Squabbling Karnataka BJP scapegoats Congress for the conduct of poached MLAs

As infighting in the Karnataka BJP increases, former minister Eshwarappa blames Congress defectors for his own party's indiscipline

K.S. Eshwarappa (photo: National Herald)
K.S. Eshwarappa (photo: National Herald)

Naheed Ataulla

Infighting and blame games in the Karnataka BJP over the party's debacle in the state assembly elections held in May are escalating by the day. Senior party leader K.S. Eshwarappa said on 26 June that he holds turncoat legislators from the Congress, who helped the BJP to form the government in 2019, responsible for the worsening "indiscipline".

Some senior BJP functionaries levelled allegations against their own leaders about "adjustment politics with the Congress'' (per C.T. Ravi in an introspection meeting a fortnight ago), flagging this as the cause for the party's defeat.

In turn, Eshwarappa has accused the former Congress defectors who joined the Bharatiya Janata Party in 2019 of ushering in the winds of indiscipline. "Here and there, discipline has gone as the party has grown. When only four of us were there,* there was a lot of discipline. So here and there, the Congress's wind has affected us, as many from that party have also joined us," he maintained.

Eshwarappa and former chief minister B.S. Yediyurappa are acknowledged as the leaders who laid the BJP's foundation in Karnataka.

When it was pointed out that it was the BJP leaders who got people from the Congress to join the party, Eshwarappa responded, "As we got them, we are suffering today. Our high command is not weak and will take action when necessary. They have allowed them to wag their tails, but they will be cut to size."

As many as 14 Congress and three Janata Dal (Secular) MLAs had resigned from the Karnataka Assembly in 2019, thus bringing down the 14-month-old coalition government of the Congress and the JD(S) led by H.D. Kumaraswamy. In subsequent bypolls, 15 of these 17 were given tickets, and 12 ended up coming back as BJP MLAs.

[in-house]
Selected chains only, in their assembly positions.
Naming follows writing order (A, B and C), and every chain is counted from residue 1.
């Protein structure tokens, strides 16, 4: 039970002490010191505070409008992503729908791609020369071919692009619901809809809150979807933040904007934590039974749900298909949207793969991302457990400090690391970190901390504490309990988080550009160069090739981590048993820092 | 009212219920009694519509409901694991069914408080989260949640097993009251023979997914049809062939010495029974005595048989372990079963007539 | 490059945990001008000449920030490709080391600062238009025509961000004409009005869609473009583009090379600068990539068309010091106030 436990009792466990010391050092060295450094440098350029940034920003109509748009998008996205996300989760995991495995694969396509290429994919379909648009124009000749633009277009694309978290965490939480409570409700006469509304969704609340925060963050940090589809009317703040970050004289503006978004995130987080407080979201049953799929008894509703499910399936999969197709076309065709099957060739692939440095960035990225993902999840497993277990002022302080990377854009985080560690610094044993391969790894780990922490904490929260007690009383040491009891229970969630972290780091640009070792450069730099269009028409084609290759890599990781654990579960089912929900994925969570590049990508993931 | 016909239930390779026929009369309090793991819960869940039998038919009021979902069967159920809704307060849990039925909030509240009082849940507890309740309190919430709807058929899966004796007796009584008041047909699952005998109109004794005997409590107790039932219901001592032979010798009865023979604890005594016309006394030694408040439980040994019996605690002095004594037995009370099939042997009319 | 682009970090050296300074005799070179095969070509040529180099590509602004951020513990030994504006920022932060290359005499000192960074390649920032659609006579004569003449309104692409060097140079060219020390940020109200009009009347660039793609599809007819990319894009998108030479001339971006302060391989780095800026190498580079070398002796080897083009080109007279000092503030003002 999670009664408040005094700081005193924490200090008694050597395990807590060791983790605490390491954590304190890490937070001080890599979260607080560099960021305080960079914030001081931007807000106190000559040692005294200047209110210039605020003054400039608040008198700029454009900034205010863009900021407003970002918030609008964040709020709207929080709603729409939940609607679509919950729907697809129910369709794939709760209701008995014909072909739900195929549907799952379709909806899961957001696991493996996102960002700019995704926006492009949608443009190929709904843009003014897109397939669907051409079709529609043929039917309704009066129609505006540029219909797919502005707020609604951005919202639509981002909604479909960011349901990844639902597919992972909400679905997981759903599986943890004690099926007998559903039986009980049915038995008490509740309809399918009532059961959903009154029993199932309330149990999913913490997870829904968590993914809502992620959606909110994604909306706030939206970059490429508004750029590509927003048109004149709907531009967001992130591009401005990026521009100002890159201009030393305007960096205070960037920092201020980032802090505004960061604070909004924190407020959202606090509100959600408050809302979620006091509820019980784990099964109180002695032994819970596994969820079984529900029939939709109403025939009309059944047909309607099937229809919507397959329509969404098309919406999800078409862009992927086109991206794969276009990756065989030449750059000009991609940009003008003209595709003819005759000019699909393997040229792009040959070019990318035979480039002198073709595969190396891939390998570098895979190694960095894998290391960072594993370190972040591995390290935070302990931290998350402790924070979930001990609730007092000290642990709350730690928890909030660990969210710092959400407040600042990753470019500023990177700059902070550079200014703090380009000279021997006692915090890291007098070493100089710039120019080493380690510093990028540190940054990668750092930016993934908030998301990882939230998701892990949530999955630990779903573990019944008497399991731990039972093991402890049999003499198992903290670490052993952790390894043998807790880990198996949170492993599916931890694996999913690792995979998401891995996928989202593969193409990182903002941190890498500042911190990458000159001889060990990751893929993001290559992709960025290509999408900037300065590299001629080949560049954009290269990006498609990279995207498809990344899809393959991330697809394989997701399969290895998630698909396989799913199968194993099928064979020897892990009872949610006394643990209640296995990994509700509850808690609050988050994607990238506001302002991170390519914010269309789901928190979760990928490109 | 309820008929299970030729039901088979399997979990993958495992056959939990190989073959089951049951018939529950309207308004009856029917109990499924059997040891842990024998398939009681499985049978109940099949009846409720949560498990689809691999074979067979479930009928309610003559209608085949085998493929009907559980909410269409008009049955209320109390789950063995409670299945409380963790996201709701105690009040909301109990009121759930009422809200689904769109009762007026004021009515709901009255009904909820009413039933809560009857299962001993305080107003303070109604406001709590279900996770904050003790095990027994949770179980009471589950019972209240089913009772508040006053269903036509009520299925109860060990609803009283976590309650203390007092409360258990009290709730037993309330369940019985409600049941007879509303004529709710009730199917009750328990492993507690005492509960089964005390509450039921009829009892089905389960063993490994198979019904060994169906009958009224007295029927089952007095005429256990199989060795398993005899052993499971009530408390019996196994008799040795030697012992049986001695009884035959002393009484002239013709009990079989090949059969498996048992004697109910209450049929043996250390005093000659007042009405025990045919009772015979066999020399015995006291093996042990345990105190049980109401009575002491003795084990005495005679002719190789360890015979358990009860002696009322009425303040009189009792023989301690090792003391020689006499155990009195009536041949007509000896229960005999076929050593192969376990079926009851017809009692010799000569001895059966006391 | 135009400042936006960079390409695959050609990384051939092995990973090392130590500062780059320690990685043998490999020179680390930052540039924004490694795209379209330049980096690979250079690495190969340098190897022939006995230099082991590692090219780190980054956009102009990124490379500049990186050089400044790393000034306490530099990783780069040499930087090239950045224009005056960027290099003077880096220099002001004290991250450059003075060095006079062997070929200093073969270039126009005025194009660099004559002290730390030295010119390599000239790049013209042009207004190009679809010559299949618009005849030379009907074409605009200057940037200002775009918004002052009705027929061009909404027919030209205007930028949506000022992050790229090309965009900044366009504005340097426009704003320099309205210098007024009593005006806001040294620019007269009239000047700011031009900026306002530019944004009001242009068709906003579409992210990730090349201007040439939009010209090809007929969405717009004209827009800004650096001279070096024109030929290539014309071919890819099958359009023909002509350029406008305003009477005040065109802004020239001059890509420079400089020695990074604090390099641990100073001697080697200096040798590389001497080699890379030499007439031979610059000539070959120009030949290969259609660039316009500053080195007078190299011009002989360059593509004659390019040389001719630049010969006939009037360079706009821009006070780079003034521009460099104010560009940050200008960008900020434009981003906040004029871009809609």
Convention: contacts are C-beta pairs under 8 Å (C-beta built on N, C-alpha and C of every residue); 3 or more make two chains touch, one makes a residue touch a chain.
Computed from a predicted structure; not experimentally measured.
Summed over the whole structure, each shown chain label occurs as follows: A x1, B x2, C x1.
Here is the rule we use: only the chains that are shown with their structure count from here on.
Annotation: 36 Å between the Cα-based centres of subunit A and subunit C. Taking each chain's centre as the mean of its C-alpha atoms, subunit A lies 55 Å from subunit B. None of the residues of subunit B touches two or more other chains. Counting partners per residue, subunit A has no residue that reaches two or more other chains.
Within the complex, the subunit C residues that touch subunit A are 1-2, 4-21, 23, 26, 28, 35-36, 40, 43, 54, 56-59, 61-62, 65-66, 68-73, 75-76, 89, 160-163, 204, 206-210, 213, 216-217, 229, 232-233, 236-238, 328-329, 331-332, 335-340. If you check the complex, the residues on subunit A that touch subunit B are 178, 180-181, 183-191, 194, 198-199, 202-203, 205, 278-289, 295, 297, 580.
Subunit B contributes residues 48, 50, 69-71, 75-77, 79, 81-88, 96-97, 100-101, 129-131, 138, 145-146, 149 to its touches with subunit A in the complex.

Eshwarappa is not alone in blaming the state BJP leaders for the rout, however. The BJP's national general secretary C.T. Ravi, who himself lost the elections from Chikkamagaluru, considered a stronghold of the saffron party, was the first to come up with the allegations of "compromise politics".

Ravi said several BJP members had urged the Bommai-led government to table the Justice K.S. Kempanna Commission report, which probed the alleged Rs 8,000 crore Arkavathy land denotification scam and  irregularities in the tender process followed to set up solar power units during Siddaramaiah's tenure from 2013 to 2018. "Adjustment and compromise politics by our leaders harmed our party. If we had exposed the Congress leaders, the BJP would have returned to power," he added.

Ravi's statement was endorsed by Mysuru Lok Sabha MP Prathap Simha and former chief minister D.V. Sadananda Gowda, who claimed the Bommai government did very little to counter the allegations the Congress was levelling against the ruling BJP, including the '40 per cent sarkara' tag.

The blame game is not confined to the leaders, as some senior BJP members who lost also claimed that their own party members plotted to defeat them. Former minister M.T.B. Nagaraj, who declared assets worth Rs 1,609 crore and was defeated from Hoskote constituency, blamed former minister K. Sudhakar, who was also defeated, and Bommai for his debacle.

Meanwhile, the party is yet to pick a person for the opposition leader's post in the Assembly, with the legislature session about to commence from July 3. Front-runners are Bommai, former minister V. Sunil Kumar and Basanagouda Patil Yatnal.

The state unit's leadership post is to be filled too, as the term of the incumbent president, party MP Nalin Kumar Kateel, ended in August 2022, yet he was asked to continue till the polls.

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